But how on Earth are we going to get more people out there on bikes the first time? That’s exactly our design problem.

Since realizing that we want to solve the ‘confidence’ issue of getting people out on bikes the first time, and making sure they stay out there, we’ve gone through several different product concepts. Some strayed from products into more advertising/promotional situations, and others into really rad concepts like ‘Aggressive Biking School’. After brainstorming some more, and really defining down what makes or breaks ‘confidence’ we’ve decided to create a sort of ‘Biker’s Buddy Bag’ [but much cooler than that]. One of Allison’s original ideas involved putting a map onto a bike seat, since there’s no need for anything more than a bike when you’re commuting [all about the bare essentials], but seat terrain + small surface area =/= as useful as we had hoped.

DVA got us into contact with a local bag/wallet designer, Malcolm Fontier, who was sooo very nice and talked to us for a long time about design, stitching, manufacturing and manufacturing drawings, conceptualizing, research, and benchmarking. It was really nice to get some real-life feedback and talk to someone that creates bags for a living. I also personally enjoyed being able to hear how what Leffler teaches us in Materials class really does matter when you design stuff. [Malcolm’s stuff rocks – he doesn’t use leather (instead its plastic-coated-canvas), he was featured at the ID exhibit at MODA (, and I want one of his bags in the sweet blue color he has (so worth checking out)] [His ‘smallest wallet’ is ingenious and I’m a proud new owner 🙂 ] Allison, Chris and I recently went to Dick’s Sporting Goods [I had never been in such a large Dick’s before – the one in Buckhead has three freaking stories, and the one in my hometown does not] to benchmark one-strapped bags. We found some by Nike, Jansport, and North Face and they all had a lot of interesting info to offer. I’m pretty partial to the Nike Team Training Mono in M-L because it’s strap is so ingeniously shaped and padded which makes it CRAZY comfortable and it’s uniquely shaped to fit better on one’s back; I’m not, however, a fan of the lame ‘girl’ colors in gross ‘coral’ and ‘cherry’ [give me electro inspired colors every day, thanks]. I’ve been trying to get rid of the itchy urge to go purchase said Nike bag and take to the streets on my bike – or maybe I’ll just have to do it one day. I think I could make it down North Ave and onto campus…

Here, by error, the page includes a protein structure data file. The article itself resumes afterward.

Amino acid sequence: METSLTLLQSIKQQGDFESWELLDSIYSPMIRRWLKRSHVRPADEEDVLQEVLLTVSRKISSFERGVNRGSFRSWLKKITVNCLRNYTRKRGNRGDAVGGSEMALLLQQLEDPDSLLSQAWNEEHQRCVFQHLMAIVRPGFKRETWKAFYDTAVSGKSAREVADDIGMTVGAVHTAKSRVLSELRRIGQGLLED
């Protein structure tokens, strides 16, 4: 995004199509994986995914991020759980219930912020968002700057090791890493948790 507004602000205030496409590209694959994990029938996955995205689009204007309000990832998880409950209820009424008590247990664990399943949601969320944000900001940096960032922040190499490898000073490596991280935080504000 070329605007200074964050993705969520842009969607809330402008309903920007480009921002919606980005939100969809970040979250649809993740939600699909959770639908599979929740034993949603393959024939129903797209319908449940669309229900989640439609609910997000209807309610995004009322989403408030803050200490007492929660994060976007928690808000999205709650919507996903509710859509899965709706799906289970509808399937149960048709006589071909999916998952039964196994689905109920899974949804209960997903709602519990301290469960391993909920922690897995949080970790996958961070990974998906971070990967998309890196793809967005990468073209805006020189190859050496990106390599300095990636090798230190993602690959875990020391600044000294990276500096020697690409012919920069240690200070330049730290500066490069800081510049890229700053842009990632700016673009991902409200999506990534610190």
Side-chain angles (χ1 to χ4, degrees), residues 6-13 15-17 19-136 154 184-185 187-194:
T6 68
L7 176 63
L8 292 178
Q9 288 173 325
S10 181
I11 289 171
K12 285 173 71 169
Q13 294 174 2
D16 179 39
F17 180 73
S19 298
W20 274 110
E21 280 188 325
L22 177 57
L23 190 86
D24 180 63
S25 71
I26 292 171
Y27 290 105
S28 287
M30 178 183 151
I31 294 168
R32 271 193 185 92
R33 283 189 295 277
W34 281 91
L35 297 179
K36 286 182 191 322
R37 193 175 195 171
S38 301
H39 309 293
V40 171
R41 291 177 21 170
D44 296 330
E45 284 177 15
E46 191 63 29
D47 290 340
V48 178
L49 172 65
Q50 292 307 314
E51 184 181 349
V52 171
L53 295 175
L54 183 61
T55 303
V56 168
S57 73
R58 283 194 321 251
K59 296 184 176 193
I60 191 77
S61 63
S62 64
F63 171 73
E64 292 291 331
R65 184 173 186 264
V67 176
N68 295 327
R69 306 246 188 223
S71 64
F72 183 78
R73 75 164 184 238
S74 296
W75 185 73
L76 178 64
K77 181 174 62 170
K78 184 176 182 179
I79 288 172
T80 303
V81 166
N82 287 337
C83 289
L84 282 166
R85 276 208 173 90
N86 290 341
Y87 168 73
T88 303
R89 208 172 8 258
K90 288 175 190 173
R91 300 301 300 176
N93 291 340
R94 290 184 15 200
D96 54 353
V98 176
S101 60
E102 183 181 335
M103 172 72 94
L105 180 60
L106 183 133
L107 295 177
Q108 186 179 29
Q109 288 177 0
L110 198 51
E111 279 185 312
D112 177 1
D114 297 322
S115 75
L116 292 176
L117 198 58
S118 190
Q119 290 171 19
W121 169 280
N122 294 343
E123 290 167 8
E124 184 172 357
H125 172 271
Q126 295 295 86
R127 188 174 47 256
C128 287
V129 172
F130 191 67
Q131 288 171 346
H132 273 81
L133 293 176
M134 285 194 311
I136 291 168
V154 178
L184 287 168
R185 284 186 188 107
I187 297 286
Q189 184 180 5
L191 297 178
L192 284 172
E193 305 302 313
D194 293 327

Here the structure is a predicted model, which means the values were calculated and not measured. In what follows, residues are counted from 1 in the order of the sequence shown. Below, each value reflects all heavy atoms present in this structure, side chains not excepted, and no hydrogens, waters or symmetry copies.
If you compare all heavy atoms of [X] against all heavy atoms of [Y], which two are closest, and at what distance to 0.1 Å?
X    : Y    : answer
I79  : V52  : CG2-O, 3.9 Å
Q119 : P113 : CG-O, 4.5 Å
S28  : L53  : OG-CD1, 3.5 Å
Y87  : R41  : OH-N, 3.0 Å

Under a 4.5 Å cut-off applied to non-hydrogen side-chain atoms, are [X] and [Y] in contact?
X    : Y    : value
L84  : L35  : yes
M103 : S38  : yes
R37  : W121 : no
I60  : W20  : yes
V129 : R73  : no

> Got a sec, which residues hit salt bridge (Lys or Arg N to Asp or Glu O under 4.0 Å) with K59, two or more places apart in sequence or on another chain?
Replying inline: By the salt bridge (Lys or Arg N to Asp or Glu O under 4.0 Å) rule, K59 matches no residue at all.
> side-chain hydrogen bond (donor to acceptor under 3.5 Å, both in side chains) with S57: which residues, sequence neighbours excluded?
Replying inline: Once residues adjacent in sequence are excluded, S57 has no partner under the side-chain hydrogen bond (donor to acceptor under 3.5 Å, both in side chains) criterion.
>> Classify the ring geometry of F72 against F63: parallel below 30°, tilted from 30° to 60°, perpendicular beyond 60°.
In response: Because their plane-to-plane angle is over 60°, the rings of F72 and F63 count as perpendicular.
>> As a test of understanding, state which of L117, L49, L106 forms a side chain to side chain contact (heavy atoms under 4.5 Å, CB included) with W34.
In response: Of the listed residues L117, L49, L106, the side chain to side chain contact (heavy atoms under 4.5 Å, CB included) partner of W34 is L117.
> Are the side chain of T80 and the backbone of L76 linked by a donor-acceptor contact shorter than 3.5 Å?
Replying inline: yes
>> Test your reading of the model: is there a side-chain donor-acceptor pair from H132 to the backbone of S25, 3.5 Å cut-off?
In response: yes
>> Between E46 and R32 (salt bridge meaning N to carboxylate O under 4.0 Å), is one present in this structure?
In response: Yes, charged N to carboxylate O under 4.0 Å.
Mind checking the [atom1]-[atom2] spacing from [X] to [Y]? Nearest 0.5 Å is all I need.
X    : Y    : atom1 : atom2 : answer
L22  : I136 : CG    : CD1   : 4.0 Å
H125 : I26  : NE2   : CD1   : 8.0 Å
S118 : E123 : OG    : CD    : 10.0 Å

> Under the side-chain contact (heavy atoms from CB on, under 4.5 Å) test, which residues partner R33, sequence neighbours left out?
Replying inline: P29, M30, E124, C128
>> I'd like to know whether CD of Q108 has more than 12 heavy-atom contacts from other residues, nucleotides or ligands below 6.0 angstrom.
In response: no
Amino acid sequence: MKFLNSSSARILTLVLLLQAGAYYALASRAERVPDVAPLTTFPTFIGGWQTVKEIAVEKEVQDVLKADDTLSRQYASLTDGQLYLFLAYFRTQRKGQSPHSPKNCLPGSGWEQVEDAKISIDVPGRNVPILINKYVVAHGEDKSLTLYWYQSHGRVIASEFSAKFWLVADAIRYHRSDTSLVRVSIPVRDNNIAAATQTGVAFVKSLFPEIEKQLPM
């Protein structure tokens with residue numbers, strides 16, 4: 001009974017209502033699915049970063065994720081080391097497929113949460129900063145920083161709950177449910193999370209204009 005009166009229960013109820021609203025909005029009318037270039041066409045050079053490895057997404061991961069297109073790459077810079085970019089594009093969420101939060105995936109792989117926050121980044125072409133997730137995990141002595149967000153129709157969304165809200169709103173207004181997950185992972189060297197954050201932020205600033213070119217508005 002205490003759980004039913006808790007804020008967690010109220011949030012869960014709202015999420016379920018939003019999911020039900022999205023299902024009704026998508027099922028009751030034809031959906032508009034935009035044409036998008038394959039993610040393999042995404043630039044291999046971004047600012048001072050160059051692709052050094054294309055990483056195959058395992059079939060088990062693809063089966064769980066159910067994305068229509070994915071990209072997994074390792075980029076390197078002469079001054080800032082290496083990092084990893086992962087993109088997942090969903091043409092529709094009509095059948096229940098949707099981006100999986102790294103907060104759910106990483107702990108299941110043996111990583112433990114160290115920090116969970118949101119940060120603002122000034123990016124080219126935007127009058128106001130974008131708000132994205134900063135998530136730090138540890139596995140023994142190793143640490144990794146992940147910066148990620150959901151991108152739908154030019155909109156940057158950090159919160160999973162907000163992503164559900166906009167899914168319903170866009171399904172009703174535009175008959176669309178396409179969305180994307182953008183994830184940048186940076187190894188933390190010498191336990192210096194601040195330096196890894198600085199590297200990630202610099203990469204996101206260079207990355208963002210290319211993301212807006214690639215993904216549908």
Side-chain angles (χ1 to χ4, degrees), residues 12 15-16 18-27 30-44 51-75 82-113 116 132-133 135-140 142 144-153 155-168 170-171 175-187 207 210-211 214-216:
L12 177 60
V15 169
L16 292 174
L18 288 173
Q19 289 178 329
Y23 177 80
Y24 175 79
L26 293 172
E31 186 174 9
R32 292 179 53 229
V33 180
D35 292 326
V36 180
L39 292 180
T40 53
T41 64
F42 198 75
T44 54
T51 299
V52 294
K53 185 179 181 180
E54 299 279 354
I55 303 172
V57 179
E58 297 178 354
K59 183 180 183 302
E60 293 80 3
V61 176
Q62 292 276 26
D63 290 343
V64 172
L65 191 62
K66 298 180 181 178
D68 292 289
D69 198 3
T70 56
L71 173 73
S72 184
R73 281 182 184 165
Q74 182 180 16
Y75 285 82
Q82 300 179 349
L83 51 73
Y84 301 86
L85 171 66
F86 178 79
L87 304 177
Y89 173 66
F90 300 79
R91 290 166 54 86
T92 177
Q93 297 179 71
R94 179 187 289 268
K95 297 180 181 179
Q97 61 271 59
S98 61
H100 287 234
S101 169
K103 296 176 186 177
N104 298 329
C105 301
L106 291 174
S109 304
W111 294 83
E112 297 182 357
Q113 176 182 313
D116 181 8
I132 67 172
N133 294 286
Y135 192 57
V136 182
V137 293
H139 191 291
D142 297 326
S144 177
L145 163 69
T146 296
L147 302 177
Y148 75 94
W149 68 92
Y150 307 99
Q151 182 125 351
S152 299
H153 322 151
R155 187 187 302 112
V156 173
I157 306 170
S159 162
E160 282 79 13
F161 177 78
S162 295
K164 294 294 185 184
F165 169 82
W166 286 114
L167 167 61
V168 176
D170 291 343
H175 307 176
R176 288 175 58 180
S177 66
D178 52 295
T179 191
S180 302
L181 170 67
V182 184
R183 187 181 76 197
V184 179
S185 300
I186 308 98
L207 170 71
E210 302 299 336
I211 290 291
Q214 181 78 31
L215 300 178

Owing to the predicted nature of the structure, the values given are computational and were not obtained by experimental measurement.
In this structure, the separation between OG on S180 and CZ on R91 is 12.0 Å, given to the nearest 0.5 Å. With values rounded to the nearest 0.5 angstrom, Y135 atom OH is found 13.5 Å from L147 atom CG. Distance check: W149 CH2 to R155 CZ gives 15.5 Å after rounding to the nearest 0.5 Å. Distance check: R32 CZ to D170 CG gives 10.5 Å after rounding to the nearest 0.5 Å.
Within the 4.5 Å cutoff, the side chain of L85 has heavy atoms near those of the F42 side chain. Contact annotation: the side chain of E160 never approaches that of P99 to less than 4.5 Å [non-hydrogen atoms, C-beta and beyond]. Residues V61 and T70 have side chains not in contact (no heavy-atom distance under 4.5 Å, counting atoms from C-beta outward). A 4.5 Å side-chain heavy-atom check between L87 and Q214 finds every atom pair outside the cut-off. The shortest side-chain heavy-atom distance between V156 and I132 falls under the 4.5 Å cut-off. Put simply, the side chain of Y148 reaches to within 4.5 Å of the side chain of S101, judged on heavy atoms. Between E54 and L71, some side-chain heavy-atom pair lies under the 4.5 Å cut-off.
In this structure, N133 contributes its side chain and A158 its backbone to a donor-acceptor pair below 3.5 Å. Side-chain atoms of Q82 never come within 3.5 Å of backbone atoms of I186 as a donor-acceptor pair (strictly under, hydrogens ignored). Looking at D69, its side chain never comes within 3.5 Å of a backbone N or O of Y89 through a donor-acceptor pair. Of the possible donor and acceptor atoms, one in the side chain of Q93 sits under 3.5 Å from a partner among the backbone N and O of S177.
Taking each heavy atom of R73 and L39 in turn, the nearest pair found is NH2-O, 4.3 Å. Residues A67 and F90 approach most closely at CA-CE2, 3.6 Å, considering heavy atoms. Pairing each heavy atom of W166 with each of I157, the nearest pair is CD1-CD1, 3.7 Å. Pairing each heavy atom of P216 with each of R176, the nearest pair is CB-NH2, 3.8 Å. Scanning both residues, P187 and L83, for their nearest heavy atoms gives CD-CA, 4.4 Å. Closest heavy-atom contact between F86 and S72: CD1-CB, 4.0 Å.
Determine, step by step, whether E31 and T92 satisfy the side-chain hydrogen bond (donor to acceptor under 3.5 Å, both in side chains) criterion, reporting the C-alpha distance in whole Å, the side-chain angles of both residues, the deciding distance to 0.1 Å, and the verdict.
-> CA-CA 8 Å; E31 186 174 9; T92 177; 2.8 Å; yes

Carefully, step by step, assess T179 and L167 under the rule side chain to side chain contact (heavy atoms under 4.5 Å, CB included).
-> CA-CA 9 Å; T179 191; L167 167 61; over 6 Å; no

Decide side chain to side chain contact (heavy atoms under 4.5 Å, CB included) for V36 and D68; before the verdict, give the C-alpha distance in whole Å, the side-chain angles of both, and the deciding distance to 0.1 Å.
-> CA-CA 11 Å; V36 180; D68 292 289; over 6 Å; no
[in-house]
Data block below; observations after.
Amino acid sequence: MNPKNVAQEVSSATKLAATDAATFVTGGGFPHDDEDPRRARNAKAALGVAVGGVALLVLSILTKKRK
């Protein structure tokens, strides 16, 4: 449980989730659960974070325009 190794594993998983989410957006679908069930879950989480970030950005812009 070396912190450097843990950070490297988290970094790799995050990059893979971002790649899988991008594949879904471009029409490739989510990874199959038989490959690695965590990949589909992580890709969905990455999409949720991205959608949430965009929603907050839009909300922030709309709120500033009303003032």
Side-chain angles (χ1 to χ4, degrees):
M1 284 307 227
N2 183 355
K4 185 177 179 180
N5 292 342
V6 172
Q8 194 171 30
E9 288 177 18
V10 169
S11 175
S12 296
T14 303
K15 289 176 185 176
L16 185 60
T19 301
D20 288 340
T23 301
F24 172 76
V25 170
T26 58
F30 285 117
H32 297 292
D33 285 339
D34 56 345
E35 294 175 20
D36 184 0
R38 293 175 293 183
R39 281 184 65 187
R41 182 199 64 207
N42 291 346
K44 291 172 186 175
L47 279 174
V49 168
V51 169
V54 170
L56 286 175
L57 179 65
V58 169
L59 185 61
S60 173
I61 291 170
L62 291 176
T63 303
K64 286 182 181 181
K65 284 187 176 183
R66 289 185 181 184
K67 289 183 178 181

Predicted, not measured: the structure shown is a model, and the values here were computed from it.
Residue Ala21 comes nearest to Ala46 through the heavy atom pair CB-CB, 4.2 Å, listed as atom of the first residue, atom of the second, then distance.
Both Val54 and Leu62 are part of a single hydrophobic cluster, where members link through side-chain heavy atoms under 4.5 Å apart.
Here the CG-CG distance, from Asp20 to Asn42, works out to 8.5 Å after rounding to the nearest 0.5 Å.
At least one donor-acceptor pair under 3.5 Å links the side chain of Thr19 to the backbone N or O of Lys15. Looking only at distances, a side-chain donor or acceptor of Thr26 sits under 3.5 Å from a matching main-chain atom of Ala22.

Anyhoo, we’re busy working on bag details as we speak. I’m *pretending to be busy* looking up how colors affect visibility [night vs. day, distance, etc.], as well as what materials we might make our bag out of *while writing this giant blog*. I have to go grab some samples at Joann’s tomorrow before studio so we can decide on what we want – or at least start figuring it out. We forSURE need to make the bottom of our bag waterproof since this bag is geared towards teens and early twenty-year-olds that are commuting to school and similar activities. I’m excited about the progress and design decisions we’ve made thus far, but I am beginning to get nervous because our model is due this coming Wednesday and we have so so much to do. Yikes. Good thing we have all weekend, eh? Or at least all weekend after BANGARANG. Perhaps I’ll ride my bike to The Loft? Perhaps.